Australian Museum undertakes global search for new Co-Directors of Lizard Island Research Station

researchers at Lizard Island Credit Dr Lyle Vail

Featherstars (Anneissia bennetti) and divers at Lizard Island. Credit Dr Lyle Vail.

Australian Museum

Two of the best marine science jobs in the world are now being recruited in Australia. The Australian Museum (AM) the nation’s first museum, is seeking two new Co-Directors to manage its Lizard Island Research Station, located 270kms north of Cairns on the Great Barrier Reef.

Surrounded by the natural beauty of the world’s largest coral reef, the Co-Directors of the AM’s Lizard Island Research Station (LIRS) will live and work sustainably on this island paradise. An initial five-year contract is being offered and the new Co-Directors will be involved in everything from implementing innovative science programs and overseeing research by visiting marine scientists from Australia and around the world, to maintaining infrastructure including boats and research labs, and liaising with tourism operators.

Having recently marked its 50th anniversary, the AM’s LIRS was established in 1973 by former AM Director, Frank Talbot AM. LIRS is the most northerly scientific research station on the Great Barrier Reef and is recognized by researchers as being one of the best equipped and operated in the world. Supported by the AM and the Lizard Island Reef Research Foundation, LIRS has developed into a well-equipped, highly productive, and internationally recognised reef research facility.

The AM is recruiting for the two positions following the forthcoming retirement in December 2024 of Dr Anne Hoggett AM, and Dr Lyle Vail AM, who have been Joint Directors at LIRS for the past 34 years.

Director and CEO, Australian Museum, Kim McKay AO, said the new Co-Directors will be able to embark on fulfilling careers, tailored to their passions and ambitions in marine science and will have big shoes and flippers to fill following Anne and Lyle’s extraordinary contribution.

“LIRS is a leader in reef science, attracting marine biologists from all over the world to study the reef and the impacts of climate change. The new Co-Directors of LIRS will play an important role in protecting the GBR by integrating scientific and policy expertise to raise awareness of the plight of the reef,” McKay said.

The LIRS joint directorship is an executive position that reports directly to the AM’s Chief Scientist and Director of AMRI, Professor Kris Helgen, who is responsible for implementing the AM’s scientific agenda.

“The new Co-Directors will play an important part in building on the AM’s reputation of scientific excellence, and actively promote LIRS as a leading voice for reef science and protection,” Helgen said.

“Along with a passion for coral reef science, applicants must be resourceful and have demonstrated leadership skills, be able to implement innovative science programs, identify and foster partnerships with key organisations, as well as supervise staff, mentor trainees, and coordinate activities across the research station. For the right candidates, this is a life-changing opportunity,” Helgen added.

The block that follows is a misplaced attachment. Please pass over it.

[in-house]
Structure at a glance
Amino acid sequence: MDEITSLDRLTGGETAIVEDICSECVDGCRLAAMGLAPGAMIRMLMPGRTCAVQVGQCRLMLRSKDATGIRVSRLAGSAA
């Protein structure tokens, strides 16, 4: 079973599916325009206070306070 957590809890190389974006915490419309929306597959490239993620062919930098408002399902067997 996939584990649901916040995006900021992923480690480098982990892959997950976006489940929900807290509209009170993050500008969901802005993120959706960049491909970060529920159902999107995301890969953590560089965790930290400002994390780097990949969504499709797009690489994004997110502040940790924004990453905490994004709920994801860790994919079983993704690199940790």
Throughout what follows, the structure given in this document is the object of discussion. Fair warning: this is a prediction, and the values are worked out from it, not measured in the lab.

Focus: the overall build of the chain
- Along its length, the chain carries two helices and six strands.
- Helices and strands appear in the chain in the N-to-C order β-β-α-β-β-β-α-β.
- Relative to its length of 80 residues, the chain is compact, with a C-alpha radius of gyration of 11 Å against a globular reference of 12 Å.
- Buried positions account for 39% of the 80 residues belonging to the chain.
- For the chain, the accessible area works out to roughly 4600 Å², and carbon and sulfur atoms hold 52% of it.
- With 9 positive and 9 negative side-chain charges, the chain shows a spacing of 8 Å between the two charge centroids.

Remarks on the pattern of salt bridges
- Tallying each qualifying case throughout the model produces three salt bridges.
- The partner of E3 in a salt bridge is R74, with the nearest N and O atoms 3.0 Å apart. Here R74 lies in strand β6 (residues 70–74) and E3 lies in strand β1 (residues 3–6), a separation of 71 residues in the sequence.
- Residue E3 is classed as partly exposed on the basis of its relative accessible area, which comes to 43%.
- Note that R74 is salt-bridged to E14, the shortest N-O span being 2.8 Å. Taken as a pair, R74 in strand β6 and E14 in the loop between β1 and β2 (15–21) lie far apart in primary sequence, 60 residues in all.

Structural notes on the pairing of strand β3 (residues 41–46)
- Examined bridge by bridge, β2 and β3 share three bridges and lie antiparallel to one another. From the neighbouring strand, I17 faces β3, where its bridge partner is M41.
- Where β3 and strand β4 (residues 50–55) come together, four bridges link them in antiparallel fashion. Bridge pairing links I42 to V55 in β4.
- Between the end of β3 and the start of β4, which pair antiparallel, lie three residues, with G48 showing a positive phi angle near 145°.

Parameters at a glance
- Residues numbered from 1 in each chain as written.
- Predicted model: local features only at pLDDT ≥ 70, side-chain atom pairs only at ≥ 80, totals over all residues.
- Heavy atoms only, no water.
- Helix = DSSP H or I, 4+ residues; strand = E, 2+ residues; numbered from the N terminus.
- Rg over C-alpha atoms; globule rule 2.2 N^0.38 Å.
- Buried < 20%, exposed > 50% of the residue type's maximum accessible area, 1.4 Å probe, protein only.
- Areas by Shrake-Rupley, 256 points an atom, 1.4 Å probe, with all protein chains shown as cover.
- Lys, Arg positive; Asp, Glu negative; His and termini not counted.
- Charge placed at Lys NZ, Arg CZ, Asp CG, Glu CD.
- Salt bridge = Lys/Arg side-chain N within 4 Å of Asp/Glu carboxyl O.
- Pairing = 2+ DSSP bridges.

Professor Helgen said that the contribution that Dr’s Vail and Hoggett have made to Lizard Island in over 34 years is unmatched and both have been recently celebrated and awarded by the AM for their extraordinary efforts.

The AM website provides the latest information about the status of the search process and we welcome expressions of interest from potential candidates. Please email for further information and relevant documents on the positions.


The Australian Museum (AM) was founded in 1827 and is the nation’s first museum. It is internationally recognised as a natural science and culture institution focused on Australia and the Pacific. As custodian of more than 22 million objects and specimens, the AM is uniquely positioned to provide a greater understanding of the region through its scientific research, exhibitions, and public and education programs. Through the Australian Museum Research Institute (AMRI), the AM also plays a leading role in conserving Australia’s biodiversity through understanding the environmental impacts of climate change, potential bio-security threats and invasive species.  Visit Australian Museum for more information.


The Australian Museum owns and operates Lizard Island Research Station (LIRS) to facilitate coral reef research and education on the Great Barrier Reef. Located 270 kms north east of Cairns on the northern end of the Great Barrier Reef, LIRS has been a vital supplier of coral reef research and education for scientists and researchers from around the world since it was founded in 1973 by former Australian Museum Director, Professor Frank Talbot.

LIRS is part of the Australian Museum Research Institute (AMRI), led by Professor Kris Helgen, to facilitate coral reef research and education on the Great Barrier Reef – one of Australia’s greatest natural treasures and a World Heritage Area – and is key to the AM’s ocmmitmnt to transforming the conversation around climate change. In addition to coral reefs, it has other important marine habitats including extensive areas of mangroves and seagrass beds.The Reef has amazing biodiversity and beauty including approximately 1600 species of fish, more than 350 species of hard corals and 4000 mollusc species.

LIRS provides shared accommodation for up to 37 people in four simple, yet comfortable, self-contained houses. A fleet of boats to enable access to the reefs of the Liard Island Group and to more distant reefs, from the mainland coast to the outer barrier reefs. Diving equipment, including scuba tanks and air filling facilities, a flexible seawater aquarium system enabling controlled experiments with living reef organisms and laboratories with basic equipment.


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